As lava breached the southern boundary of Puna Geothermal Venture on Monday, the head of a task force created to mitigate potential hazards at the power plant said efforts were underway to neutralize the last “active” well on the property.
Tom Travis, the chief of Hawaii Emergency Management Agency, said during an afternoon media briefing he hoped efforts to “quench” well KS-14 would prove successful sometime Monday night.
Hawaii County Civil Defense reported Monday morning that lava from fissure 22 had spilled over onto the PGV property and had come within 200 to 300 yards of the power plant’s well pad before being stalled by a berm. Fissure 22 also delivered lava into the ocean at two spots near MacKenzie State Recreation Area on Monday, with molten rock traveling on one of the same paths as lava from fissure 20, which was no longer feeding the ocean.
The main concern, should lava overrun the well pad, is the release of hydrogen sulfide (H2S), a colorless, highly flammable and toxic gas.
“This is important, because … lava is starting to intrude on the southern edge of Puna Geothermal Venture site. It’s not easy to predict where it’s going to go or when it’s going to get there,” Travis said.
Talmadge Magno, Hawaii County Civil Defense administrator, said his agency is preparing for “a possible H2S release, as far as messaging to the community and evacuations that might have to take place.”
“We haven’t specifically mentioned hydrogen sulfide, but with this flow coming on to the PGV property, we’ll start acknowledging that this is the next precaution that folks will have to take,” Magno said.
The geothermal plant was taken offline after lava from Kilauea volcano broke out from numerous fissures along the volcano’s Lower East Rift Zone in Puna on May 3. Officials say 60,000 gallons of pentane, a highly flammable liquid used by the facility, was eventually removed from the property and stored at Shipman Business Park in Keaau.
Travis said about a half-dozen highly-skilled workers are “quenching the wells.” He described that process as filling them with enough cold water so the weight of the water is more than the pressure from the volcanic steam below can overcome, effectively cooling the well. He said once the well is neutralized, it can be capped. Travis said metal well caps were en route and should arrive at PGV for installation by today.
According to Travis, mud, as well as water, was being pumped into KS-14. He expressed optimism that the work, if successful, would hold up if the well pad was overrun by lava, but opined a worst-case scenario at the geothermal plant would carry less severe consequences than the blowout of well KS-8 while it was being drilled on June 12, 1991. The blowout caused what an independent technical investigation by the University of North Texas described as “the unabated release of steam for a period of 31 hours before PGV succeeded in closing in the well.”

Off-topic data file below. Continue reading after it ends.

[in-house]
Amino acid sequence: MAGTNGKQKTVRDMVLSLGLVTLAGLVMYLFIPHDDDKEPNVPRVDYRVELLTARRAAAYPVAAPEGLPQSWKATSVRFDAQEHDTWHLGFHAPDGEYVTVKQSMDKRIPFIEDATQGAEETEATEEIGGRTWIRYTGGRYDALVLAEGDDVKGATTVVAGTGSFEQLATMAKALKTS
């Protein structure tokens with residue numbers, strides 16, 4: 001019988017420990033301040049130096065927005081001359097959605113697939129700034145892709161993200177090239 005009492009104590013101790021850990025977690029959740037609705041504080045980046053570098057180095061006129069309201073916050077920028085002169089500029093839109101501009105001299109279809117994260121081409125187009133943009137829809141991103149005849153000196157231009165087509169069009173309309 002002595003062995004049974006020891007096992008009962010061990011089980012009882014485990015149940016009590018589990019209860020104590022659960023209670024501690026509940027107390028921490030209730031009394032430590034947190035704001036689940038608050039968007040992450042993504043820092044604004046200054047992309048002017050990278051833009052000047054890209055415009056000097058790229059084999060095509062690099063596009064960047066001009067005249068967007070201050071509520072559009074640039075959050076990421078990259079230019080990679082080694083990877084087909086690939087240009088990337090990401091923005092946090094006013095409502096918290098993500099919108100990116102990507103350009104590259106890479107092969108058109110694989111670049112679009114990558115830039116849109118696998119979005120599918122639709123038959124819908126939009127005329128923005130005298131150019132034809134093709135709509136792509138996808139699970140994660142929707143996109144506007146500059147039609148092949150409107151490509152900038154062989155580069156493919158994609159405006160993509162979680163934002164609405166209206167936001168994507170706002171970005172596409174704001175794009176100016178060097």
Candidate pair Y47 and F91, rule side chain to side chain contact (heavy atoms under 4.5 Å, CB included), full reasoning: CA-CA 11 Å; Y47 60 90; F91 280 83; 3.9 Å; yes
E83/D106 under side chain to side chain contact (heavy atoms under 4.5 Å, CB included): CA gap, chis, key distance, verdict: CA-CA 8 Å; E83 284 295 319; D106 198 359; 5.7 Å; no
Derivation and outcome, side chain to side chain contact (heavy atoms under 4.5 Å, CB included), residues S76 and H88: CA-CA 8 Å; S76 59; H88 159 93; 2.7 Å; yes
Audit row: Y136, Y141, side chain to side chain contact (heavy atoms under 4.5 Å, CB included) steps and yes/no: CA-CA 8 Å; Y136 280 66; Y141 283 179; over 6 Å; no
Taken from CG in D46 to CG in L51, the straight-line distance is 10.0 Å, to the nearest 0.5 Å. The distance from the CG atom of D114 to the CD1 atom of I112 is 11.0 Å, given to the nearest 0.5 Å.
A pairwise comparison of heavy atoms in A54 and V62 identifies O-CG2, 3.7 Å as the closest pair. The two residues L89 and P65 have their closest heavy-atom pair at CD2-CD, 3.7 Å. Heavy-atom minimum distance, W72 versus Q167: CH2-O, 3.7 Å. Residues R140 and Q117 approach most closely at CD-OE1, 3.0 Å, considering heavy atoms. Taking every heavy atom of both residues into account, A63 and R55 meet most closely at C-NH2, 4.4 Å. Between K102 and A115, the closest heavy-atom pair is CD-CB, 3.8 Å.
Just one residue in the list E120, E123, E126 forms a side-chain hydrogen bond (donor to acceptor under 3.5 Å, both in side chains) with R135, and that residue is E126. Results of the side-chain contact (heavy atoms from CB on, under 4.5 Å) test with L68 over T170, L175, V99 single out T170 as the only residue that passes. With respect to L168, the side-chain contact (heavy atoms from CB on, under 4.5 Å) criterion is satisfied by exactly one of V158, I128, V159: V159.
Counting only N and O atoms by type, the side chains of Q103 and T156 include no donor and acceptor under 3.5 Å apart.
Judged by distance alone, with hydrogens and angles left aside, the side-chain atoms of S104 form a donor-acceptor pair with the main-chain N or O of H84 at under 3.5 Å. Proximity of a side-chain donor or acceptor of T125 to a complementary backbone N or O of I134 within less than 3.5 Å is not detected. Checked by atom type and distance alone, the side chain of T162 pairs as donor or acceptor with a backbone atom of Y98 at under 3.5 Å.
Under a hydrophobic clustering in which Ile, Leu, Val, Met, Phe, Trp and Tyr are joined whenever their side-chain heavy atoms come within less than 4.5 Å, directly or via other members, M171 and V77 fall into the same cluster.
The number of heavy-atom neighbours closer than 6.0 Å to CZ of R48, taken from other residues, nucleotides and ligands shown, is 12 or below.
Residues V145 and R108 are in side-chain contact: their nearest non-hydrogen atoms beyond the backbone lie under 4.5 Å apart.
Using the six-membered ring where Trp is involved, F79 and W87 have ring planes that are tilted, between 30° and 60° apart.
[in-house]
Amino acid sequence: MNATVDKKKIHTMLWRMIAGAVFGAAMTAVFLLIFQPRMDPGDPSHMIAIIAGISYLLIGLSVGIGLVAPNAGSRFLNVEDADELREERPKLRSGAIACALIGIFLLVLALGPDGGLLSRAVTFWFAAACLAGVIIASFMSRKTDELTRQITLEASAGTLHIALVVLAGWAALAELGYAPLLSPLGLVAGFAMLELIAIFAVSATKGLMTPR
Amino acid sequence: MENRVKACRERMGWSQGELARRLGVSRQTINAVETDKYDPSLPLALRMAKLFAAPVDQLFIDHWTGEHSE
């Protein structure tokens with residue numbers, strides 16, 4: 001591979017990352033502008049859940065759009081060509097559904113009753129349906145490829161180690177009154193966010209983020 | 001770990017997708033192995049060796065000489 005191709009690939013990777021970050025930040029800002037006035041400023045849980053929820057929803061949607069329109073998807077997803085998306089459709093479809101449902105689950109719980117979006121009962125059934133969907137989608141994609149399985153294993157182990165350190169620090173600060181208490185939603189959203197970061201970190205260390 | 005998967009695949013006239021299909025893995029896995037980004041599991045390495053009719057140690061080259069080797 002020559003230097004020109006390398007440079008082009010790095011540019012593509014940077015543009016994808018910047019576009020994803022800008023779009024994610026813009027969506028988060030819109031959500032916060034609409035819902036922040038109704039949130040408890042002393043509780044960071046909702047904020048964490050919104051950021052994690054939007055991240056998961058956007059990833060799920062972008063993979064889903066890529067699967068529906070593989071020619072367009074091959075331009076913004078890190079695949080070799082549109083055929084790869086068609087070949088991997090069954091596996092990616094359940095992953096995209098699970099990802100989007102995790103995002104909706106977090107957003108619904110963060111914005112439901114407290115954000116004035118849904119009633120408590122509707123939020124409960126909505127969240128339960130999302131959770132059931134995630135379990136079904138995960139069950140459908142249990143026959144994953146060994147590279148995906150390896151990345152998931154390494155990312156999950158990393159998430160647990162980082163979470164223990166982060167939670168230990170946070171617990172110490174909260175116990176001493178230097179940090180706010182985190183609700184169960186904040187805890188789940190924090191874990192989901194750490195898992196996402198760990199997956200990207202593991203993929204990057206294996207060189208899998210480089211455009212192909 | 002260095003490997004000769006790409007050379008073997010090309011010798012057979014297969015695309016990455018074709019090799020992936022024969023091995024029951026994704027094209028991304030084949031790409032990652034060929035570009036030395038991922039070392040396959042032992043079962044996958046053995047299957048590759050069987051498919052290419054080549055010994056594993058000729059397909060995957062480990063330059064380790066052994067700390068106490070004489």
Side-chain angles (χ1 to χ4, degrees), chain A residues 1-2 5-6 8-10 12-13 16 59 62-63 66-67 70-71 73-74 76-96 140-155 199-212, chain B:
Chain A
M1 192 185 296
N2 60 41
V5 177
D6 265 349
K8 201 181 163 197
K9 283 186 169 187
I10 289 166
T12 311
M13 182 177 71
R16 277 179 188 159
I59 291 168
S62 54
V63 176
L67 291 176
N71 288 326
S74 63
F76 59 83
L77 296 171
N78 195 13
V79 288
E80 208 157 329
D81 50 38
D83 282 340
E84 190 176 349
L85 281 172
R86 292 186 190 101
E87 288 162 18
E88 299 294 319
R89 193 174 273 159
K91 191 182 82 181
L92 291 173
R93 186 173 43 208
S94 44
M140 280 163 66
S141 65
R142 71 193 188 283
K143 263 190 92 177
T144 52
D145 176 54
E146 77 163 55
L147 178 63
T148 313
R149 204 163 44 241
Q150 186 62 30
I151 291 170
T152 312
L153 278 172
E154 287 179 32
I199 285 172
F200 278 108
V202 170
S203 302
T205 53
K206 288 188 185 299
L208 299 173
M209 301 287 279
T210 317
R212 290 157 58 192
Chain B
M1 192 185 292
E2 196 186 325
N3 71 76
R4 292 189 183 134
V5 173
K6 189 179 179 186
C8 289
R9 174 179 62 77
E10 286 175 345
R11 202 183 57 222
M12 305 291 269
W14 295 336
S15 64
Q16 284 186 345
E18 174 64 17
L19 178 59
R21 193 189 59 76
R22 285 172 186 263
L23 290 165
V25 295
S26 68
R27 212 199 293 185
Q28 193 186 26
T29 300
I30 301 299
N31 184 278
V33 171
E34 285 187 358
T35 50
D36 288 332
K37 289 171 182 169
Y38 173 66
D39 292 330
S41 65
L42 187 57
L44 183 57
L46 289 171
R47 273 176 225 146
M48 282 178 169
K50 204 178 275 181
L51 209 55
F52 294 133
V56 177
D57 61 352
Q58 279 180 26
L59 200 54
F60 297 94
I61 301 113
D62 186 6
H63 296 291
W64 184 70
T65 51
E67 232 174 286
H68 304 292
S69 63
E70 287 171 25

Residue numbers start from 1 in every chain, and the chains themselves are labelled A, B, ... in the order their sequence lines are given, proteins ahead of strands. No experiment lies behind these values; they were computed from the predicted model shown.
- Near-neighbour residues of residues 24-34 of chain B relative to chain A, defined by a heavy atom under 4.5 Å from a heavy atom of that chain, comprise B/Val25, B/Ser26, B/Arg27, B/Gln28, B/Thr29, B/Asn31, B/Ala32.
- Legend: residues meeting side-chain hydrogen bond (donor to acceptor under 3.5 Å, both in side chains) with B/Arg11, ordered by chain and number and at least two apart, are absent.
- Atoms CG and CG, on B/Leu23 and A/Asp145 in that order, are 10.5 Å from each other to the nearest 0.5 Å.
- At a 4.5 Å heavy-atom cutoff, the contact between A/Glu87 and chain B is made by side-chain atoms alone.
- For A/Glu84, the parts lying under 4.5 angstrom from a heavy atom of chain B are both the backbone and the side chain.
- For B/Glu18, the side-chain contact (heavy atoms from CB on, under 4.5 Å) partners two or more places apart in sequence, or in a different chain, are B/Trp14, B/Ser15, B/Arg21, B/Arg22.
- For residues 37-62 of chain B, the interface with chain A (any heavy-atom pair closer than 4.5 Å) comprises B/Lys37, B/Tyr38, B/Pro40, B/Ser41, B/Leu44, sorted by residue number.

In the 1991 blowout, the stench of hydrogen sulfide, which has a rotten-egg smell, prompted the evacuation of nearby residents. The noise, which was described as like a jet airplane taking off, reached 90 decibels. And a worker suffered a minor injury in the blowout.
In related developments Monday, the U.S. Environmental Protection Agency said in a statement it worked with the state Department of Health to establish 10 air-monitoring station locations and continues to work with DOH and the county to provide data about sulfur dioxide, hydrogen sulfide and particulate levels. EPA said it is evaluating data collected from DOH’s Air Now Network.
Jim Kauahikaua, a HVO geophysicist, said a “short section” of fissure 22 was “actually fountaining lava up to 140 meters at times.” That’s about 450 feet.
“The channel going into the ocean is quite broad, but it is currently feeding only one of the ocean entries,” he said. “(There are) two flows going to the coast, but only the eastern one is currently active. There’s a fairly good sized plume coming out of the ocean and there was a (lava) delta being formed. … It was about 80 yards from the old coast to the new coast.”
As of press time, lava had destroyed 46 or 47 structures, and fires were burning in vegetated areas, causing a danger from methane gas, as well as sulfur dioxide, hydrogen sulfide and “laze” — volcanic haze carrying a caustic mix of steam, sulfur dioxide and volcanic glass particles caused by lava’s interaction with ocean water.
Civil Defense said Kalapana and Kapoho roads are open to residents only and identification is required. Highway 137 is closed to all traffic between Kamaili and Pohoiki roads. Kamaili Road is closed to all through traffic with no stopping allowed because of high sulfur dioxide levels.
All residents in and below the Lower East Rift Zone are advised to be ready to evacuate with little or no notice. Magno said he’ll use any means necessary to communicate with at-risk residents.
“We understand that there is some difficulty getting the message out because of the (lack of) connectivity out there, so we still have a lot of (police) officers, National Guard (and) county staff on the ground, so we’ll utilize them to get the message out,” he said.
Hawaiian Volcano Observatory reported another explosive eruption at Halema‘uma‘u rocked Kilauea’s summit at 5:51 p.m., sending another ash plume into the air.
Email John Burnett at firstname.lastname@example.org.